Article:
Gordang Lima playing “Sarama” (“crazy”) rhythm
2017-07-17T05:49:56Z (GMT) by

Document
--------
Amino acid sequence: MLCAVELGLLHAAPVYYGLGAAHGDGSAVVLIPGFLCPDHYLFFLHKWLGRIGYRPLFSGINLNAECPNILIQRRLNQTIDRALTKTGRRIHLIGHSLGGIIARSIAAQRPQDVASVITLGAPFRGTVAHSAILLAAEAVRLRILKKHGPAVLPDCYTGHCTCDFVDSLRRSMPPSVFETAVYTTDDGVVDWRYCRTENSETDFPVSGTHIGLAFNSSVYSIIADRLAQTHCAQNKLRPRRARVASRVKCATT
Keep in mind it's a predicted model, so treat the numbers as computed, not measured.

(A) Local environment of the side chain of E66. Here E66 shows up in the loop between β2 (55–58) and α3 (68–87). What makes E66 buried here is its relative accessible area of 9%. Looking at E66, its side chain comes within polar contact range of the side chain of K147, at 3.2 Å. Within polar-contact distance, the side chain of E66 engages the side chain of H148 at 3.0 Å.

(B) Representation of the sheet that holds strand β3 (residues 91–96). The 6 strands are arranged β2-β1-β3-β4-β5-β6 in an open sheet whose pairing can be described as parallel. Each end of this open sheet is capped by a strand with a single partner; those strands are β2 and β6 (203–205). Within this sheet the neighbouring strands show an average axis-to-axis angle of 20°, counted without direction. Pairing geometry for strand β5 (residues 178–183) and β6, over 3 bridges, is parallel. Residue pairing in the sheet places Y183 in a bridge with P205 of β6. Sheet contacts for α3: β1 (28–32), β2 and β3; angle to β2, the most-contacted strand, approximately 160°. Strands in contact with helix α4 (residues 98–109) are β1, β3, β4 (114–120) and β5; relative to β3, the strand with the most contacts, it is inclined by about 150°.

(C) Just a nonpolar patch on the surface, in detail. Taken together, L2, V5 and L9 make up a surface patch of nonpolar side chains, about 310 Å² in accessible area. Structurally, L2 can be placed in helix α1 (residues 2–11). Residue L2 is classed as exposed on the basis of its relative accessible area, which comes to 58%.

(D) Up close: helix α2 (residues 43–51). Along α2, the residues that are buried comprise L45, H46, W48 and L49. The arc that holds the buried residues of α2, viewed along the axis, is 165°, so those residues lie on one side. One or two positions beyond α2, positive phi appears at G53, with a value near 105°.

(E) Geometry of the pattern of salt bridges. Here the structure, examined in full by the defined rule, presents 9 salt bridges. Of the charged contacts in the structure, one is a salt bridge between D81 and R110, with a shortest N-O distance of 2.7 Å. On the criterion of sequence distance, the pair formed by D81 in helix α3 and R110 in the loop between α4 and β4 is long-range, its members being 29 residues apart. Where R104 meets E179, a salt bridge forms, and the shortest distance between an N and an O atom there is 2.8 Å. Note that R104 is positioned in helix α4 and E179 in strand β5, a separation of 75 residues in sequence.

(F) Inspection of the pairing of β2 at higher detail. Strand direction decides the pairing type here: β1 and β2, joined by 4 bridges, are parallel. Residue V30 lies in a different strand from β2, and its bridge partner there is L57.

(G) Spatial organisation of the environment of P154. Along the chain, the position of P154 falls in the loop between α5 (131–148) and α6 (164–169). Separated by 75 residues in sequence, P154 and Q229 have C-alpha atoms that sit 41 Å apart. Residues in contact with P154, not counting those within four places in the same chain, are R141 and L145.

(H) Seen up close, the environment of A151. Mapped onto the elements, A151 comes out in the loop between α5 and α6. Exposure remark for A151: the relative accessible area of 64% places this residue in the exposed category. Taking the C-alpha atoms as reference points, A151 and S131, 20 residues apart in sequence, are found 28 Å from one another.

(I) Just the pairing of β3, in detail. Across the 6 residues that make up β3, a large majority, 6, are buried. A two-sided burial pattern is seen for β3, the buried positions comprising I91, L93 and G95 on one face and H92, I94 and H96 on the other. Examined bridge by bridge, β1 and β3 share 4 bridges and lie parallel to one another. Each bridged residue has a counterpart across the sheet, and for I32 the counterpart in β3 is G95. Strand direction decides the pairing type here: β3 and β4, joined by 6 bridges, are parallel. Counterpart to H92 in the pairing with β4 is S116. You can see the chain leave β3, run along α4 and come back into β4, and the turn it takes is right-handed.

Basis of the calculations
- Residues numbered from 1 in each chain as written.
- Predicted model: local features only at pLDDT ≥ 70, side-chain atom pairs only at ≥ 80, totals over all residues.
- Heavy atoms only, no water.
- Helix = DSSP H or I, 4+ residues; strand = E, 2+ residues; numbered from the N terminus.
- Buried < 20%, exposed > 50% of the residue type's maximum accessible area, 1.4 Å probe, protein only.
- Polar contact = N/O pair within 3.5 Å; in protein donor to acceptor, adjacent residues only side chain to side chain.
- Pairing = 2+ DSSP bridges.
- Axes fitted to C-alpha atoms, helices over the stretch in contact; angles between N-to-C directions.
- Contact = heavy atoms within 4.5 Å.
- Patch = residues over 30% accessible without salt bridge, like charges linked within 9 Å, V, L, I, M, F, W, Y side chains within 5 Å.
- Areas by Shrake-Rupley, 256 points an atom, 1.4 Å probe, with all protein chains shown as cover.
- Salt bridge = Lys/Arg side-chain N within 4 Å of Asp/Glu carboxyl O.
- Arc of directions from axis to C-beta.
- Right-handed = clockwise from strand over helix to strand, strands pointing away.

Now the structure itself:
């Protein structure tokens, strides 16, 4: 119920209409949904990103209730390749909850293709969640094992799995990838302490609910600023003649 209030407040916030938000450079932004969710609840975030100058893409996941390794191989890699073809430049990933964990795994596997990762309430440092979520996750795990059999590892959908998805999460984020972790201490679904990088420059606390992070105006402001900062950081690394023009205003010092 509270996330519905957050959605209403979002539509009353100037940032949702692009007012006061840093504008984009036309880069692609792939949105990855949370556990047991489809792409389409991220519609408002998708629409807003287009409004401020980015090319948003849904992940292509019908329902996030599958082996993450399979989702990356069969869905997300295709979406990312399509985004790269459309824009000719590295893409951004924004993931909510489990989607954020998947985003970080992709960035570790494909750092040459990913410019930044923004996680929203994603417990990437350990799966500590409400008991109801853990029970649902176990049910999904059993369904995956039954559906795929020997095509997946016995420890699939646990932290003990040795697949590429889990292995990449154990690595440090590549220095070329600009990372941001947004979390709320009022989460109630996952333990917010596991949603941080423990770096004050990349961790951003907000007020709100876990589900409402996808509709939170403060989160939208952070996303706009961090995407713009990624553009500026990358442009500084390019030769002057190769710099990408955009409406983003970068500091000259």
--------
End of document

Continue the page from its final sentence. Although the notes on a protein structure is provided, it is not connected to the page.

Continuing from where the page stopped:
Audio 11.2: Audio Example 2 in Chapter 11 of book: Margaret Kartomi, ‘Musical Journeys in Sumatra’, Champaign-Urbana: University of Illinois Press, 2012. Pakantan, situated in the south-west corner of North Sumatra, is an isolated valley of Batak Mandailing hamlets. The people were eventually converted to Islam after Muslim Padri forces invaded the area from around 1810. However, vestiges of ancestral customs and beliefs still prevail in ceremonies such as weddings, funerals, house-warmings and healing rituals. Drum ensembles are a feature of the traditional music that accompanies these practices. The Mandailing believe that ancestral and nature spirits are drawn like a magnet to the sound of cyclic drum rhythms that may be played on 3 types of drum sets. One of these is the “gordang lima”, a set of 5 tuned single-headed drums, used by shamans (“sibaso”) for their healing clairvoyant and other ceremonies. In this excerpt, recorded during a field trip to the Pakantan diaspora community living in Medan in December 1971, the “gordang lima” ensemble comprised the 5 “gordang” or drums, 2 gongs, 3 kettle gongs (“momongan”), small cymbals (“talisasayap”) and an oboe (“sarune” in Mandailing, and “sarunai” in the Malay and Indonesian languages). The “Gordang Sarama” (”crazy rhythm”) piece is played when the shamans reach a frenzied state of trance. Duration: 2min.08 sec. Copyright 1971. Margaret J. Kartomi.